Just over a decade ago, I barely noticed in passing a rally in Piazza Maggiore, Bologna, part of the quirkily titled 'vaffanculo' day (roughly translated, '**** you day') organized by comedian Beppe Grillo. The aim was to gather signatures for a referendum banning anyone with a criminal record from standing for election to the Italian parliament. The initiative achieved a spectacular 336,000 signatures, far more than the 50,000 necessary to hold a vote. The campaign was the parting shot of what became the Five Stars Movement, the undisputed winner of Sunday's election.
The slogan was not just a joke. The M5S is a difficult movement to define, combining utopian visions of extensive popular participation in politics through the internet, environmentalism, libertarian values, hostility to the euro and occasional anti-immigrant demagoguery. But what is very clear about the M5S is its unequivocal and aggressive rejection of Italy's ruling class, and indeed the current political order more generally. If the M5S has won almost a third of the vote in only its second general election, winning almost twice as many votes as any other party, this tells us that a lot of Italians have had enough. On top of this, the xenophobic League and the fascist Brothers of Italy won 18 per cent and 4 per cent of the vote respectively. For a comfortable majority of Italians, '**** you' is the best description of their feelings about how the country is governed.
It is easy to fit this result into the broad pattern of a populist wave afflicting western politics, and undoubtedly resentment towards immigration and authoritarian rhetoric were a big part of the League's campaign in particular. And indeed the likely outcome of this vote, whatever the eventual government that emerges out of the messy negotiations that will follow, will be a toughening of the Italian state's approach to the refugee crisis and the rights of migrants in general. The scapegoating did not take long to begin, as a Senegalese man was shot dead in Florence, apparently randomly, only hours after the polls had closed. The people have spoken, and politicians have heard that message.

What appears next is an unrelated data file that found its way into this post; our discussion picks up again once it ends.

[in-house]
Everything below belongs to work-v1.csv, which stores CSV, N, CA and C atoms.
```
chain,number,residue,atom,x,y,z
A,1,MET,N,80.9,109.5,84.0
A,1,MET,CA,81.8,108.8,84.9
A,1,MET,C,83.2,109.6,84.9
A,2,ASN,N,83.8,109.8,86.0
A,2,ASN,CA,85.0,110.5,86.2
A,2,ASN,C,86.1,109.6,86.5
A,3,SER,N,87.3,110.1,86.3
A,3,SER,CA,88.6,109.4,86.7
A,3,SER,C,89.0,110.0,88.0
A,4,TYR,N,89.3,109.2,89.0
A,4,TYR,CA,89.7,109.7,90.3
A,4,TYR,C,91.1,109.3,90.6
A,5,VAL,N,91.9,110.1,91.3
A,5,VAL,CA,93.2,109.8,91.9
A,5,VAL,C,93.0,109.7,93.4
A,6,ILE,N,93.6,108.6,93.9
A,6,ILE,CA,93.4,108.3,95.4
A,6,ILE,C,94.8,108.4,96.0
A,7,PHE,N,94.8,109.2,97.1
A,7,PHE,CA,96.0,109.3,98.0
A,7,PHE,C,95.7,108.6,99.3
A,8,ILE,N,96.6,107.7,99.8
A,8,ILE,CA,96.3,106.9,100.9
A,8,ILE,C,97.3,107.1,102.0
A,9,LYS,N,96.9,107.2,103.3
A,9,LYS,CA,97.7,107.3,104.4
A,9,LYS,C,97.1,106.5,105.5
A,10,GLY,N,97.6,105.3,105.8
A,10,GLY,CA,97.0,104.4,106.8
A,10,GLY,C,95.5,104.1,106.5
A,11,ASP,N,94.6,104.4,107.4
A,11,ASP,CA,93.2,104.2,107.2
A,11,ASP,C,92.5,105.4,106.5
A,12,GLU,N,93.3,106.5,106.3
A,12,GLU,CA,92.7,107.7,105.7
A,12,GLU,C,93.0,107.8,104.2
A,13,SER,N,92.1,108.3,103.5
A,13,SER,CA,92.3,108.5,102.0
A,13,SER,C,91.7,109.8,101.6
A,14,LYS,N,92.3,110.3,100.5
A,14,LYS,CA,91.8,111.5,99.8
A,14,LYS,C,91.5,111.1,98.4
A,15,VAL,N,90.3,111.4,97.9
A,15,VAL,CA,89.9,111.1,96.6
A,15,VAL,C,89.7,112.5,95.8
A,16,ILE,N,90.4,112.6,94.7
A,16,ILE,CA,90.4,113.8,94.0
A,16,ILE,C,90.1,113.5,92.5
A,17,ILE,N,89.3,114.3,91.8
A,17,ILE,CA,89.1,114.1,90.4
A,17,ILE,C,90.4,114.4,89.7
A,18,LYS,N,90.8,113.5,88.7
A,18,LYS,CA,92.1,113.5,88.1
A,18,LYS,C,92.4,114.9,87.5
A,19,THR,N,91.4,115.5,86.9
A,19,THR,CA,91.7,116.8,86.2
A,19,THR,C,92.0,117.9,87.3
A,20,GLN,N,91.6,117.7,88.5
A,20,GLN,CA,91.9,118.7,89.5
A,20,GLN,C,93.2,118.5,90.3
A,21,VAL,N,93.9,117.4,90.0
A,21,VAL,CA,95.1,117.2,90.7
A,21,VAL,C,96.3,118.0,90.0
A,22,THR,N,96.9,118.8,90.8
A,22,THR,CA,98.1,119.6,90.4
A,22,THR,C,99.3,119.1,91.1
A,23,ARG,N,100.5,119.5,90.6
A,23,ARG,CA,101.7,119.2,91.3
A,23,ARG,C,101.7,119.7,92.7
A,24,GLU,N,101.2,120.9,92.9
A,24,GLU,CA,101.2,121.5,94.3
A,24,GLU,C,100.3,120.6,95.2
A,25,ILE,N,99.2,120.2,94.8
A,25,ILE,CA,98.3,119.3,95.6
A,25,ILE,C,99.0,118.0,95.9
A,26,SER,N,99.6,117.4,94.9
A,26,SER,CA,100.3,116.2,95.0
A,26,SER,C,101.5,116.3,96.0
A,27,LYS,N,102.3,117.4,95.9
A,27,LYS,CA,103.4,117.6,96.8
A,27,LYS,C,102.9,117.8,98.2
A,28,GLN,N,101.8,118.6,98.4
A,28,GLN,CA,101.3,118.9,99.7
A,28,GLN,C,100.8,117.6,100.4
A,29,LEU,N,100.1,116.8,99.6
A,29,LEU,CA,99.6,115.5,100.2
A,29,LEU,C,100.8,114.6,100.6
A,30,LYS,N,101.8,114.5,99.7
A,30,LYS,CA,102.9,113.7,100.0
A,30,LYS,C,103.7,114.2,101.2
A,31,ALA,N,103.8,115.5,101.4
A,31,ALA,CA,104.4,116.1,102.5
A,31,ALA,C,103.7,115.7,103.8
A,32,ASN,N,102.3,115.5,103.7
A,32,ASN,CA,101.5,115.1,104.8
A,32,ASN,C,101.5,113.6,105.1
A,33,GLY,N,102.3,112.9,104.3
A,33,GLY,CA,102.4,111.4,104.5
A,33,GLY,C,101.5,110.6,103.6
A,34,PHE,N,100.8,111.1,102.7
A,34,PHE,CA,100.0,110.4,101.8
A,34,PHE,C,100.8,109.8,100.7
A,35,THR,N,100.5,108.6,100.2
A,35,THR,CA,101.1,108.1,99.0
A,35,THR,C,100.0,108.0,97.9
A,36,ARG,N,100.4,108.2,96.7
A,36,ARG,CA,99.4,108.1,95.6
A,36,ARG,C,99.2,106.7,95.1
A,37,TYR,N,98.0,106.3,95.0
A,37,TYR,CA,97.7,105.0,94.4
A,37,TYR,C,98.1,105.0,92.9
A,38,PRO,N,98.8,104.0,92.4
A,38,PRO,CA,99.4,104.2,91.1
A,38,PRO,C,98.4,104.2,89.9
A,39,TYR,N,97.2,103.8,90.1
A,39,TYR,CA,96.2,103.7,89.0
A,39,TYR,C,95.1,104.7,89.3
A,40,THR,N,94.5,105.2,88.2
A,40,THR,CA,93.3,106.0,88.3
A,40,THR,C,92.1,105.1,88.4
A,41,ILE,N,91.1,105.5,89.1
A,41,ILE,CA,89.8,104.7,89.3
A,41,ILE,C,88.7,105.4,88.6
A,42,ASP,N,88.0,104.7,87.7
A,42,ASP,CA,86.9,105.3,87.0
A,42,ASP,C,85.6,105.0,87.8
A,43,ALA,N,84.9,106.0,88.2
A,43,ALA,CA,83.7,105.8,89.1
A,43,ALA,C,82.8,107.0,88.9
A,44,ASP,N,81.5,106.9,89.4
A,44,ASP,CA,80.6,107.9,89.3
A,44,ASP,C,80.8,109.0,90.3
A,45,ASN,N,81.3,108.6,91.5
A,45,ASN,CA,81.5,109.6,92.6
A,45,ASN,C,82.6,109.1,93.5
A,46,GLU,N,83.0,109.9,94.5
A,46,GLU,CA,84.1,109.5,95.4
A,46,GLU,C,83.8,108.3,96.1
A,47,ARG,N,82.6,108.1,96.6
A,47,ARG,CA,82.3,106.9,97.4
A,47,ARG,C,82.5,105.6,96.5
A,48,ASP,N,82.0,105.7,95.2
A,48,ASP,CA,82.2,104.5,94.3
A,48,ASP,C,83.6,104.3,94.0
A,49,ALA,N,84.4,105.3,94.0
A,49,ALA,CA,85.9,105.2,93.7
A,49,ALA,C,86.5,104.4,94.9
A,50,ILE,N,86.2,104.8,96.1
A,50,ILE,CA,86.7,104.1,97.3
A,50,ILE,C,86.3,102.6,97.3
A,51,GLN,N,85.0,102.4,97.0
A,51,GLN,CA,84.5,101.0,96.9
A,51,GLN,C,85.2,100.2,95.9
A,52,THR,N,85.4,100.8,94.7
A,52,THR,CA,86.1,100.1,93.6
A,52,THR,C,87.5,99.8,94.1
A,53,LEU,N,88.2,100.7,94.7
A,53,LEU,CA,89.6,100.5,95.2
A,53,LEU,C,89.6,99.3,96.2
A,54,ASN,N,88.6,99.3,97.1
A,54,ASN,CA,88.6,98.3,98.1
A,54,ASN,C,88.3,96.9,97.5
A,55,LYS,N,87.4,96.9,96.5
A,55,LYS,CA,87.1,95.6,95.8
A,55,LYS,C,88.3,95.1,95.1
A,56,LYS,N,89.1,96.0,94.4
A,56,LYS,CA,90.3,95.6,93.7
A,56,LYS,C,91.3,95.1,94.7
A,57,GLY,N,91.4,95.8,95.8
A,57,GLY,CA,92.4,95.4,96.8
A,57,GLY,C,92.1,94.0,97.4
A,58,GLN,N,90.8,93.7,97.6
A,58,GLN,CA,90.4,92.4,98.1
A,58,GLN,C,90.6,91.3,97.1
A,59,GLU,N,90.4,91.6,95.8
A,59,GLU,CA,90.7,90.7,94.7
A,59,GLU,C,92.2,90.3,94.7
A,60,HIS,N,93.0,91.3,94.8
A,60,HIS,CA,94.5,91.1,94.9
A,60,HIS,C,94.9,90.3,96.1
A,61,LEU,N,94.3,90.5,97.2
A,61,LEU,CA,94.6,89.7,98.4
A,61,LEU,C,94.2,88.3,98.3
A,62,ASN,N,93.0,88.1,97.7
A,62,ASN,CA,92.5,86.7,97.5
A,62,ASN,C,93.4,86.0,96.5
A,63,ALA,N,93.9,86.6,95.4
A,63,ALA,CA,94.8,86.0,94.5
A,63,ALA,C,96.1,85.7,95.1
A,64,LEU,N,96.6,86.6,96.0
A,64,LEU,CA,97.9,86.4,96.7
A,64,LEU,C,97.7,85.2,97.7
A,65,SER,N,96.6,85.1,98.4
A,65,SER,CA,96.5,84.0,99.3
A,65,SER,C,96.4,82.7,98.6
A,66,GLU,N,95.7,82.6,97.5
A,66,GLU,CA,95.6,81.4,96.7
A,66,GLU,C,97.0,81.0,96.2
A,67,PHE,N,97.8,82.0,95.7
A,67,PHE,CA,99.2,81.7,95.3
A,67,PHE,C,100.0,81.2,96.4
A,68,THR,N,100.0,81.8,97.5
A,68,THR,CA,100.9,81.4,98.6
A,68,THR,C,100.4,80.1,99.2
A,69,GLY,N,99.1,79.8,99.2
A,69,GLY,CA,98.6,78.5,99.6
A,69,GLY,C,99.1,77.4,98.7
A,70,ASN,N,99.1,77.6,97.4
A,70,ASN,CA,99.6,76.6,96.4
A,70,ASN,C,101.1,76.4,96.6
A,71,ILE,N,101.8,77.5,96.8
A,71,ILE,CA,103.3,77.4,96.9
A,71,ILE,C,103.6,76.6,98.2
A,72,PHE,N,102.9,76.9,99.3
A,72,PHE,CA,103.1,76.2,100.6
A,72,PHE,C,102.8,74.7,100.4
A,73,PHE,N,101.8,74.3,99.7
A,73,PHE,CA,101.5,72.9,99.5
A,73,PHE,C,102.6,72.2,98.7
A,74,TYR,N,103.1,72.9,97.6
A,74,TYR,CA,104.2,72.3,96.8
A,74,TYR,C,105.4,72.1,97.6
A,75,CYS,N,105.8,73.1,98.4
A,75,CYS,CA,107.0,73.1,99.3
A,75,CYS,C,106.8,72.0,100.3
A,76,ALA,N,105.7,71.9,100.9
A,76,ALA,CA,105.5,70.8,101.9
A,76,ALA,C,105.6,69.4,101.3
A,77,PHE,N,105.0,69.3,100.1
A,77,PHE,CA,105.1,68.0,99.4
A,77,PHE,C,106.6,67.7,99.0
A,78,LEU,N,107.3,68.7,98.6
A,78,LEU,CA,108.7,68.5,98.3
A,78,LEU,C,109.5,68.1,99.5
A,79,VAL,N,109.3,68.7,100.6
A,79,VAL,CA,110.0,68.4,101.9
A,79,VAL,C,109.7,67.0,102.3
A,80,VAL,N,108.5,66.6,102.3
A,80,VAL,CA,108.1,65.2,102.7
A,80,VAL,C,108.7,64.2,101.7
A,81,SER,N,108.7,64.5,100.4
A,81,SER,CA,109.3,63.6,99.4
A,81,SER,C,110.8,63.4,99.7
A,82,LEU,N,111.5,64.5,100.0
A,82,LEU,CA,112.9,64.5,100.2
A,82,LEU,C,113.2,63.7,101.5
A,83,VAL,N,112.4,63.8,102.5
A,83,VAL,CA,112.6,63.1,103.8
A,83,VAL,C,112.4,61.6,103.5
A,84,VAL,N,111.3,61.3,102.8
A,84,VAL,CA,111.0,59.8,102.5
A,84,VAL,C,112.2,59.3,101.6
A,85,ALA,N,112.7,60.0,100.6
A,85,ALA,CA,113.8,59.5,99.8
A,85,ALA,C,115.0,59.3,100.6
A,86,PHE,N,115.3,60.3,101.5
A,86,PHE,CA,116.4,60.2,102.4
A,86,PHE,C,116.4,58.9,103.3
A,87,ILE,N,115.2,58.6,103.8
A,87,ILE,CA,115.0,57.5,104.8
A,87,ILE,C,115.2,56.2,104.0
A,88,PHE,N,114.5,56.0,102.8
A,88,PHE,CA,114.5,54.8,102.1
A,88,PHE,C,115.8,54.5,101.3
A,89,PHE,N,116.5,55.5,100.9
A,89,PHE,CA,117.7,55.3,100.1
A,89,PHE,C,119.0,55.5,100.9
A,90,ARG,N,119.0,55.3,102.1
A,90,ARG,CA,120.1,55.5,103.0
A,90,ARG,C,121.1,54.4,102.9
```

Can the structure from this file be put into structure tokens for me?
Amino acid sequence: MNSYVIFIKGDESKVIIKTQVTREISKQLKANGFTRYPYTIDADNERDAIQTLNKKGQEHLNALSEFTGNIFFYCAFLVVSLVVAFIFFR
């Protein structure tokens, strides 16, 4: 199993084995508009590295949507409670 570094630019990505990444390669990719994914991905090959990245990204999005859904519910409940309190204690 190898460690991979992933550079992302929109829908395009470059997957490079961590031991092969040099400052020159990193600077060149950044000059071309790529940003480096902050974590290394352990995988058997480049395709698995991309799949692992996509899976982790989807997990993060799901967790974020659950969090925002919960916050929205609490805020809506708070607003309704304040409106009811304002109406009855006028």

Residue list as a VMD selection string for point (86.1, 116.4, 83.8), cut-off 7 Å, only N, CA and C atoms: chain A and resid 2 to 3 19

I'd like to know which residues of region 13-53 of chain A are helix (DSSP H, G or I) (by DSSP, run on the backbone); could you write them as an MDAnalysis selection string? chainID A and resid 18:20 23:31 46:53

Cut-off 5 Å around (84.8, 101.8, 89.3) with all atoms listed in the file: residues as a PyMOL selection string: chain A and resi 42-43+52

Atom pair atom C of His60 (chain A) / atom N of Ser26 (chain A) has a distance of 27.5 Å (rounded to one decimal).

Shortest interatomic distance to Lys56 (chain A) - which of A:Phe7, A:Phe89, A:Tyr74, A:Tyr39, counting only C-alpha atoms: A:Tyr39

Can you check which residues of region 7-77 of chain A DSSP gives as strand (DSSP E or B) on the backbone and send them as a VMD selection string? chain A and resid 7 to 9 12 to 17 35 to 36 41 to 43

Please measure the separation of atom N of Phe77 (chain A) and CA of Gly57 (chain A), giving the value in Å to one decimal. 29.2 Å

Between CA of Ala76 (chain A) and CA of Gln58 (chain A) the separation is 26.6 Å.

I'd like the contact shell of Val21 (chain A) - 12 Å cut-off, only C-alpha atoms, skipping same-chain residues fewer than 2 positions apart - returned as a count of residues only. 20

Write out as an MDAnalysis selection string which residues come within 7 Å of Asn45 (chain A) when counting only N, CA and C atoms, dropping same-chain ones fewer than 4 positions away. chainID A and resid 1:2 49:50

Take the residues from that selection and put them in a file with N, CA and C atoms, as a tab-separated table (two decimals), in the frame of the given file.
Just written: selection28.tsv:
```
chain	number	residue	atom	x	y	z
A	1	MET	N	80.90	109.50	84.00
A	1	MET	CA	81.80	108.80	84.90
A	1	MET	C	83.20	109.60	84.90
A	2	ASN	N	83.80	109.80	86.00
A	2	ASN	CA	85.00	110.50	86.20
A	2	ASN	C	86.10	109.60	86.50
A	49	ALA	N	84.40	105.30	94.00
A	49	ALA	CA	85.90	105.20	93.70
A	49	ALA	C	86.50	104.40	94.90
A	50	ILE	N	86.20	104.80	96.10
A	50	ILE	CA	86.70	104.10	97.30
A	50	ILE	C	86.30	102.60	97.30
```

But immigration is not the problem. Indeed, it is the solution for a country in deep demographic crisis. The problem is that the Italian economy has barely grown since I rolled up in Florence to start graduate school. Since the 1992 financial crisis, Italy has followed an ambitious programme of structural reforms, cutting wasteful public spending, raising taxes and combating evasion, privatizing banks and state-run industries, liberalizing labour regulations, abolishing price controls and introducing a powerful anti-trust authority, and of course, joining the euro. Yet GDP per capita has fallen since Italy entered Monetary Union.
The answer from Europe is that Italy needs more "reform". The possibility that the proposed reforms may not be working does not seem to occur to the technocrats and bankers that have cast sentence on Europe's south, blaming the stagnation on loose morals instead. In fact few governments in Europe have shown Italy's restraint. Despite an aging population, public spending has barely grown in the past two decades, whilst tax revenues have risen, meaning that since 1993, with very little growth in GDP, the Italian government has been running a budget surplus, net of borrowing costs.
The vote for the Five Stars Movement reflects many different gripes and ideas about how to solve Italy's problems, but what it has in common is a desire for political change. It is hard not to read as a rejection of the austerity and structural reform mantra emanating from Brussels, and indeed from policy elites in Rome and their liberal intellectual backers in places like Bocconi University. Following on from the political earthquakes in the US, UK, Greece and Spain, Italy is another data point confirming the death of the liberal political order that brought us austerity, inequality and zero growth for the 99 per cent. Unfortunately, like Trump and Brexit, the Five Stars Movement is also the perfect illustration of the intellectual confusion we face in attempting to move beyond it.